Along the way, the company also released special editions of a few of its products – some of which were easy to buy back in the day and a couple that commanded higher prices than a Lamborghini.
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Here’s a look at a few collectible Apple devices you can get your hands on, for a total of about $1.45 million.
iPod U2 Special Edition – $80
In 2004, Apple teamed up with U2 to launch a special edition of its iPod portable music player with a red click wheel surrounded by a black enclosure as well as the band members’ signatures engraved into the mirror-finish back.
Purchase of the $349 20GB device scored you a $50 discount on The Complete U2, which Apple claimed was the first-ever digital box set. The collection included more than 400 tracks spanning the band’s discography running up to ‘How to Dismantle an Atomic Bomb’, which cost $150 on iTunes.
Two years later, Apple released an updated version of its U2 iPod, with 30GB of storage and a free coupon for 30 minutes of exclusive footage of the band, for $329.
Fast forward a decade to the present day and you’ll find that the company has killed off its iPod Classic line, much to fans’ chagrin. However, you can still find old iPods on eBay, including the 30GB U2 edition for as little as $80 in the US.
Apple IIGS Woz edition – $450
Although it bore a similar moniker to its predecessors, the Apple IIGS was head and shoulders above other personal computers in the series.
Launched in 1986, the IIGS (Graphics and Sound) was the last of the Apple II line and came with a Western Design Center 65C816 2.8MHz processor with 256kB RAM, and also included 128kB of storage.
It was the first Apple computer to feature a color user interace, a Large Scale Integration (LSI) chip designed by Steve Wozniak and a sample-based synthesizer.
To commemorate the Apple II series’ 10th anniversary, 50,000 pieces of a special edition were manufactured with Steve Wozniak’s signature. If you were one of the lucky few to get a IIGS Woz, you could mail in your Apple registration card to receive a certificate of authenticity signed by Wozniak and 12 other engineers, as well as a letter from the co-founder.
Until it was discontinued in 1992, the Apple IIGS was one of the most powerful computers you could buy and one of the most revolutionary compared to its competition. Today, you can find one online for under $500.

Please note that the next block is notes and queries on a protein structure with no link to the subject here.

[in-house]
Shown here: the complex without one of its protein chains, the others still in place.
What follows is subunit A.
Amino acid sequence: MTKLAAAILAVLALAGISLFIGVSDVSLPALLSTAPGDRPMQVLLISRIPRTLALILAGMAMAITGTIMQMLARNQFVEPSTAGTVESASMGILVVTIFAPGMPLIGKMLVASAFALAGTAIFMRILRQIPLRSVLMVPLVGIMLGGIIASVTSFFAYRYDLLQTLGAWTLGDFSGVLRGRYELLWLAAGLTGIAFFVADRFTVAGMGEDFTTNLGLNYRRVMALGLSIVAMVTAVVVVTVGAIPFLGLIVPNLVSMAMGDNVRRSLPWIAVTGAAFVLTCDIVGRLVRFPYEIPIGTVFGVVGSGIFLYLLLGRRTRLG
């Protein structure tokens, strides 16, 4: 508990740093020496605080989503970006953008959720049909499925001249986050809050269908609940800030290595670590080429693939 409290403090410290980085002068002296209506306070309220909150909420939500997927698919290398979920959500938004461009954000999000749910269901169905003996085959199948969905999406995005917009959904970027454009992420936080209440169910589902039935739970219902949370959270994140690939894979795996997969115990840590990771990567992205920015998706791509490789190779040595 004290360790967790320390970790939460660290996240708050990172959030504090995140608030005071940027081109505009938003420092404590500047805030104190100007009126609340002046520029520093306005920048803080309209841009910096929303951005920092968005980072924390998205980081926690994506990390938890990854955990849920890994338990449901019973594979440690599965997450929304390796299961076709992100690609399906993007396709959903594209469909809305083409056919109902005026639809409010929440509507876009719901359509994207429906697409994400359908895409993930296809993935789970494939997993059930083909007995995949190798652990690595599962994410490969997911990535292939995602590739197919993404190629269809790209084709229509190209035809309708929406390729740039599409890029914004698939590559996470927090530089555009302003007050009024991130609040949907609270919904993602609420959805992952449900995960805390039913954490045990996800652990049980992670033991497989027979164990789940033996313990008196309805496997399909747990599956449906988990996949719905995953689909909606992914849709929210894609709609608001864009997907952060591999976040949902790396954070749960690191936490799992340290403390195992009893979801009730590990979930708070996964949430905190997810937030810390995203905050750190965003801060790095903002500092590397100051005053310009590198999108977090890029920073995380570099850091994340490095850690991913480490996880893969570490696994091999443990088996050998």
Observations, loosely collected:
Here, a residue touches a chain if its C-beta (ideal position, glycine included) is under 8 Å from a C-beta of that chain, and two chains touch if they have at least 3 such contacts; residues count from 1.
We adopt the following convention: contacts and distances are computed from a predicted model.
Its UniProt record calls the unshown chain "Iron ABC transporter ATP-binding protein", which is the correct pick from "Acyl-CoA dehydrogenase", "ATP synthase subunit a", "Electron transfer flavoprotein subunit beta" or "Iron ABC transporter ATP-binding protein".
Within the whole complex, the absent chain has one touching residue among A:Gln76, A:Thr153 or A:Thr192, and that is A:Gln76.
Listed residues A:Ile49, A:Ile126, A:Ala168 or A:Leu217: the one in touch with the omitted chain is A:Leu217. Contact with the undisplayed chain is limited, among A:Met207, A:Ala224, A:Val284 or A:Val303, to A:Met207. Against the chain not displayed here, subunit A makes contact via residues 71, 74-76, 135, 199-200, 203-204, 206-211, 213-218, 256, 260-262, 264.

Twentieth Anniversary Macintosh – $3,000
Although Apple had designed several all-in-one computers in its lifetime, it had never created something as left-of-field as the Twentieth Anniversary Macintosh (TAM).
Envisioned and brought to life by a young Sir Jony Ive, ‘Spartacus’, as it was also known, featured a 12.1-inch LCD display capable of 16-bit color as a focal point. The front panel also housed a vertically mounted CD-ROM drive, a Superdrive for floppy disks as well as two speakers.
A separate base unit supplied power and contained a subwoofer to complete the TAM’s Bose sound system. Its keyboard had a built-in trackpad and leather palm rests, and there was also a remote control to adjust TV and FM radio settings on the computer.
When it was released in 1997 to commemorate Apple’s 20th anniversary, the TAM cost a whopping $7,500. Only 12,000 of them were manufactured and sold in just five countries: US, Japan, France, Germany, and the UK. By March 1998, the product was discontinued and discounted to $1,995.
Although the TAM can’t run new software with its original configuration (it came loaded with Mac OS 7.6.1), you can’t deny that it would look killer on any desk even today. Scour around and you might find one in working condition for about $3,000.
Product (RED) Mac Pro – $977,000
Apple has launched plenty of Product (RED)-branded gear – including iPods, iOS device cases and even an Apple Watch – in an effort to raise awareness and funds to battle AIDS across Africa. But perhaps the most notable creation to come out of this collaboration is this one-of-a-kind Mac Pro.
The second generation Mac Pro featured a unique cylindrical shape that allowed Apple to cram a 12-core Intel Xeon processor and dual graphics cards into its aluminium frame to offer twice the performance of its larger boxy predecessor.
Sir Jony Ive and legendary designer Marc Newson came together to create this one-off red variant, which was auctioned off by Sotheby’s for a whopping $977,00 – making it arguably the most expensive personal computer in the world.
Solid Rose Gold Earpods – $461,000
Quick, what’s the most you’ve ever spent on a pair of headphones? Multiply that by your age and you probably won’t even come close to a fraction of what these babies cost.
Another creation from Ive and Newson’s Product (RED) auction, these earpods feature the same design as the $29 earphones included with the iPhone 5 back in 2012.
The only difference is, these are crafted from solid 18k rose gold and came with a custom display case. Sotheby’s estimated they’d be worth between $20,000 and $25,000, but they were so, so wrong. The earpods sold for $461,000 in 2013.
If you own these, you better be listening to some damn fine music.
Colorware iMac Retro – $5,600
Want all the power of today’s computers with the beauty of Apple’s product design language from the 80s? Colorware can sort you out.
The gadget customization outfit can trick out a brand new 27-inch Retina 5K iMac with a classic vanilla finish and rainbow-style Apple logo. You’ll also get a similarly themed wireless keyboard and mouse that normally sell for $399.
Max out the iMac’s configuration options with a 4GHz Intel Core i7 processor, 32GB RAM, 1TB of flash storage and a 4GB AMD Radeon R9 M395X graphics card, and you’re looking at a spend of about $5,600.
But you’ll want to hurry if you want to get your hands on one – only 25 of these retro iMacs will be made.